GodReflection: My Bible Doesn’t Read Like Yours
It didn’t take too many steps on God’s planet earth to discover that I didn’t understand the opposite sex.
Apparently, I am not the only one without a clue.
In 1992, John Gray’s book Men Are From Mars, Women Are From Venus went viral with eventual sales of over 50 million copies. It’s easy to see that the book struck a nerve.
Over the 286 pages Gray explores differences between males and females in the way they deal with emotions and ways they interpret the world and each other.
Here is what I think. (Excuse my generalities.)
We impose this same contrast of gender viewpoint when we read our Bible.
I don’t understand all of the “whys and wherefores” but I suggest women are more warm and sensitive than men. They just seem equipped for the mission of care and nurture—given they weren’t robbed of their compassion by evil-others.
Their hearts must understand in greater depth the abundance of Bible accounts of women who placed their trust in the Holy.
I suspect my female counterparts read the Bible accounts of barren women of faith with an increased empathy that we males cannot generate.
As residents of a male dominated world and as members of a male dominated church, Christian women read Paul’s words from Ephesians three:
“So in Christ Jesus you are all children of God through faith, for all of you who were baptized into Christ have clothed yourselves with Christ. There is neither Jew nor Gentile, neither slave nor free, nor is there male and female, for you are all one in Christ Jesus.”
My guess is many women see in Paul’s summation greater freedom in Christ than their Christian brothers find comfortable.
Now for us males.
My observation is that men are more dominant and arrogant than their female counterparts.
Against opponents, males are “sock it to them” and “grind them into the ground” warriors. When men speak everyone must listen.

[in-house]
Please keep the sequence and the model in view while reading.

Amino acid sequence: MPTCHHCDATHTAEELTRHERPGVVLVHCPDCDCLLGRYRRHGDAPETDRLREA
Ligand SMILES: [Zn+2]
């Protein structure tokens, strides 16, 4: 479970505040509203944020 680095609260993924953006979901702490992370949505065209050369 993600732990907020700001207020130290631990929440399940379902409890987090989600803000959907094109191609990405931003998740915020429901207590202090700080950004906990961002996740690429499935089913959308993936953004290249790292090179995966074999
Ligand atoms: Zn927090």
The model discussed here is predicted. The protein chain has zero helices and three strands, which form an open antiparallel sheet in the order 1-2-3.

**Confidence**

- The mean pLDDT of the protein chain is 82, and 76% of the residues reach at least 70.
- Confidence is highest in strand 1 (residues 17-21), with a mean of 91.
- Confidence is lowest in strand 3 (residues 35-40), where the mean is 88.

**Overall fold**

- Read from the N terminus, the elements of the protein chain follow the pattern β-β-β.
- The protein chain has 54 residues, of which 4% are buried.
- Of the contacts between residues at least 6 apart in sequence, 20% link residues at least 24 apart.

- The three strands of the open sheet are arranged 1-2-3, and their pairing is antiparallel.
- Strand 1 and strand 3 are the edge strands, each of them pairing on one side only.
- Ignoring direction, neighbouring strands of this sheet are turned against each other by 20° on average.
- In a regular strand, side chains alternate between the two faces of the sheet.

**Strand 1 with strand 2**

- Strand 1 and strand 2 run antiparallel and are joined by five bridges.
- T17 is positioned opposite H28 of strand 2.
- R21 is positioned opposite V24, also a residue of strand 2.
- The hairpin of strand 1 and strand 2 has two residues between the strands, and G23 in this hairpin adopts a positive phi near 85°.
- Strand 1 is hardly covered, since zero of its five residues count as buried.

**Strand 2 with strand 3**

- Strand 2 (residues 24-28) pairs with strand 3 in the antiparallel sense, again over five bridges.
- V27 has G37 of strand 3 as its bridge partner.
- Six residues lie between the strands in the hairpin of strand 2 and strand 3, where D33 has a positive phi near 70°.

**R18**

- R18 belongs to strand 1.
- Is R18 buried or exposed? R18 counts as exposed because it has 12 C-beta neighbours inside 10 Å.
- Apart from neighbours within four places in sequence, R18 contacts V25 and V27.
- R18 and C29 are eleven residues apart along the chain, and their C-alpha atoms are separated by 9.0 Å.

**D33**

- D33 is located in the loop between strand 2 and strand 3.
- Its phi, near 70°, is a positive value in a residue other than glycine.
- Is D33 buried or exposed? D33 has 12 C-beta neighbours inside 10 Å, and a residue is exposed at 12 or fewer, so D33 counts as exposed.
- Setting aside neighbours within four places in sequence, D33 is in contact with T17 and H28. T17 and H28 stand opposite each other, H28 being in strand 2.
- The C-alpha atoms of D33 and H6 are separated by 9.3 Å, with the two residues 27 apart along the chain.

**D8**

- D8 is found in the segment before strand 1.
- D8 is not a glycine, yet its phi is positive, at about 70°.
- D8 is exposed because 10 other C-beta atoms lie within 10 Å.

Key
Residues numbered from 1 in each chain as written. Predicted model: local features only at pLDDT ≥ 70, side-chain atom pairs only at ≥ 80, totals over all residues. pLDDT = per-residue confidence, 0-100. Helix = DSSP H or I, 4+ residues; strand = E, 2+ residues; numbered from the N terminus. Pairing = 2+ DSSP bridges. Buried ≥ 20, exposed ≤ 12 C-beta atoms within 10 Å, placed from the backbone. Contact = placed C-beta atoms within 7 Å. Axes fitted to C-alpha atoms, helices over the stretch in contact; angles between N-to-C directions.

And so, we open our Bible.
If we are not careful, we guys tend to read our Bible with a spirit of dominance. From far too many of our pulpits and lecterns flow the male proclamations of “see it my way”.
Our Bible sets out to tell the story of God. That alone should call me to respect its incalculable depths. It would surprise every one of us if we could see the myriad of nuanced interpretations taken from our Bible due to gender viewpoints.
Could it be that we forget the Genesis 1:27 account where BOTH male and female were created in the image of God? Perhaps I need to remind myself that men and women are equal and designed by God to complement each other as The Holy’s Creation.
What if I make it a point to listen more closely to the texture brought by feminine voices to enhance my own Biblical interpretation? I suspect my male-gender only viewpoint of my Bible results in less than a complete reading.
Rather than create division over what might at first seem to be a conflict of viewpoints, could it be that we need both gender viewpoints to gain a fuller insight into our Bible?
I would love to hear your own insights into the subject matter of this post—especially from the feminine voice.
Dr. Gary J. Sorrells
A GodReflection: Does My Gender Effect My Bible?